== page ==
Thus far, I have preached twice since entering Nashotah House, once in St. Mary’s Chapel and once at the local parish I am serving at. I am an introvert. Yet, I have found thus far that I really enjoy preaching. I first preached on Advent I (1979 lectionary, year C) and had several weeks of preparation time. My second sermon (Advent III, 1928 BCP) had a much shorter prep time, as it was at the bringing of the week leading up to final exams.
They were two distinct sermons, I think, and have been told. Advent I was more of a meditative sermon; in a way, it was my meditation on what Advent is and how that related to Christmas and Christ the King. On Advent III, I asked the congregation this question, “Why are you here?” and pointed out the fact that there is so much else that they could be doing. I asked them what it meant to be a “steward of the mysteries of God” (based upon the Epistle reading), and told them that the world needed to know why we were in “a small church outside of a big city”.
I wonder what some of the greatest preachers in history have thought of it. John Chrysostom was “the golden tongued”. What makes a sermon different from reading out of the lectionary? I, personally, am not to the point where I would be confident preaching ad libitum, rather than from a manuscript.
As part of our seminary formation, we are trained as preachers. Students preach in the chapel on a regular basis, are expected to preach during internships and Field Education, and take at least two classes on homiletics. I look forward to this.
Christ the Lord is born: O Come, let us adore him.
One of my classes this semester is Greek. Our aim is to have enough knowledge of Greek that we will be able to do basic exegesis, use a Concordance and dictionary, and be able to attempt further study of the language (as many students do in the following two semesters of Greek that are offered).
One of the first hurdles is learning the alphabet. The video below contains a song that we have used that has been quite helpful.
Church Music is another class with new skills to learn. We are learning the basics of keyboarding, as well as how to do Anglican Chant. While I don’t think we will do this in chapel:
we do do this three times a week:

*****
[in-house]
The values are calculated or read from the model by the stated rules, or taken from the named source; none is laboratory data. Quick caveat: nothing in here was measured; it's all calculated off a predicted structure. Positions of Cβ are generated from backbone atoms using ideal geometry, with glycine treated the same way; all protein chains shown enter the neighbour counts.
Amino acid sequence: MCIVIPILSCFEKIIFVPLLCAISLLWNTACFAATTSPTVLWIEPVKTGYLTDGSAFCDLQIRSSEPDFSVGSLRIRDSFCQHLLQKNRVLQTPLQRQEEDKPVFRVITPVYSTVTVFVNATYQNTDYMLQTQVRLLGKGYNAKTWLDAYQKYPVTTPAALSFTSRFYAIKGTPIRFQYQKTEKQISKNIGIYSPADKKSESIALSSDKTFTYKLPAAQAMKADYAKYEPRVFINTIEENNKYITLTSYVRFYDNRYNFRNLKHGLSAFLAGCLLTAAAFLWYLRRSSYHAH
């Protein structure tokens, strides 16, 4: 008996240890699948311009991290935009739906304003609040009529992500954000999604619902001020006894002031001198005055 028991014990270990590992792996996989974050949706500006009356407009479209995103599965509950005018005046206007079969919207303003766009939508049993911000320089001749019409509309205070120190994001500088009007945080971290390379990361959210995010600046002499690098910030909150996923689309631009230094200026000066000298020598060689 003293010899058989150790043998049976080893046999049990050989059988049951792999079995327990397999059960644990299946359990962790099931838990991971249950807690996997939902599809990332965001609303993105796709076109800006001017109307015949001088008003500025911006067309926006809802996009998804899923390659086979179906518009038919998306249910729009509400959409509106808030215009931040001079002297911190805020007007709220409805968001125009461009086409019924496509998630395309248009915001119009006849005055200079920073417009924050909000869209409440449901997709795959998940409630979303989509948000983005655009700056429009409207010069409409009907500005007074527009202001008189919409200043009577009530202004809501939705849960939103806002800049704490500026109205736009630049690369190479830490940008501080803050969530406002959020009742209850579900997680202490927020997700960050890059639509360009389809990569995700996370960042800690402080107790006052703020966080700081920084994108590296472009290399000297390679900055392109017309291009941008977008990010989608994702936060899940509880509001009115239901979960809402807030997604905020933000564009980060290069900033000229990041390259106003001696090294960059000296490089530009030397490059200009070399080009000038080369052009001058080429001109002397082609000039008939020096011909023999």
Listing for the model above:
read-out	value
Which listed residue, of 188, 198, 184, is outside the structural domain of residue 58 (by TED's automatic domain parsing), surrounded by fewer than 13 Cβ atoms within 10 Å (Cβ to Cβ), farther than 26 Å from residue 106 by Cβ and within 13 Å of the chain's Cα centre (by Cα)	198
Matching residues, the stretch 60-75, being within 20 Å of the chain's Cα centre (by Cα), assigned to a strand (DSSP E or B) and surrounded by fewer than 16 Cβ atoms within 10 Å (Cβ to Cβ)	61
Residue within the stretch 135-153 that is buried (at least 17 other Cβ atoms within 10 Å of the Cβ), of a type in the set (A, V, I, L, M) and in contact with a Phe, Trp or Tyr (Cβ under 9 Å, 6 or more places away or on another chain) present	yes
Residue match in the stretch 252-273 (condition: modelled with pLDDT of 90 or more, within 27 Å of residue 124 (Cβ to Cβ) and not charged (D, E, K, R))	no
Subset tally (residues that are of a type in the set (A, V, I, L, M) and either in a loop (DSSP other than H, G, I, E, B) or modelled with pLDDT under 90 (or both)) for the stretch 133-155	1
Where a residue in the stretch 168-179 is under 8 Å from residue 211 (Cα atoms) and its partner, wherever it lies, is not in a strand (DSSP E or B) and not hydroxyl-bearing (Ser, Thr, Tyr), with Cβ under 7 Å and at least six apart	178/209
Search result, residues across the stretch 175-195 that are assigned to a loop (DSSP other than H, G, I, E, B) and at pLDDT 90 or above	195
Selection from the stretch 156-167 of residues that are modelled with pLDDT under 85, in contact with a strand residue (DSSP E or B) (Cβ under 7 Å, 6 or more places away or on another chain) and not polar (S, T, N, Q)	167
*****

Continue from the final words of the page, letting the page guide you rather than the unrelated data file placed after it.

This academic journey is complements a spiritual journey. Nashotah’s emphasis on formation finds us all in the Chapel twice a day for Morning Prayer, Mass, and Evensong. Every day. Even during weekends, summers, and times when students are not on campus, the Offices and Mass are said day in and day out. Nashotah breathes prayer. The Rosary is said twice a week by the Society of St. Mary. Benediction of the Blessed Sacrament is offered on Wednesday Nights for those who want to attend. Professors begin class with prayer. The Angelus rings three times a day. The Benedictine way of life, as I have said before, teaches us to serve our neighbor. Our work crew assignments take us out into our community, cleaning buildings or repairing gutters or painting fences. It was this last task I found myself doing today.
Here are a couple of pictures to show you various parts of Nashotah’s campus.
Septuagesimatide is nearly over. Yesterday was Quinquagesima, tomorrow is Shrove Tuesday. And then, with the end of Compline, begins the season of Lent.
I’ve had minimal difficulty this year, thinking about my lenten devotions. I say the office nearly every day, and I am now obligated to say it anyway, so that does not count. There is no Mass available for me to attend, save on sundays, so that is out.
So, that’s what I cant do. Here’s what I can (and am):
1) Abstaining from Red meat and carbonated beverages for the entirety of Lent, and white meat on all days except:
Sundays: In honor of the Ressurection
Thursdays: In honor of the Eucharist
Saturdays: In honor of the Blessed Mother
with the caveat, that if there exists a viable alternative, I will use it. I do this because I am not in control of my food supply. Sodexho is, and I doubt they cater to my religious practices.
2) Recitation of the Jesus Prayer Office, or at least my rendition of it.
3) Reading, when able, The Practice of the Presence of God.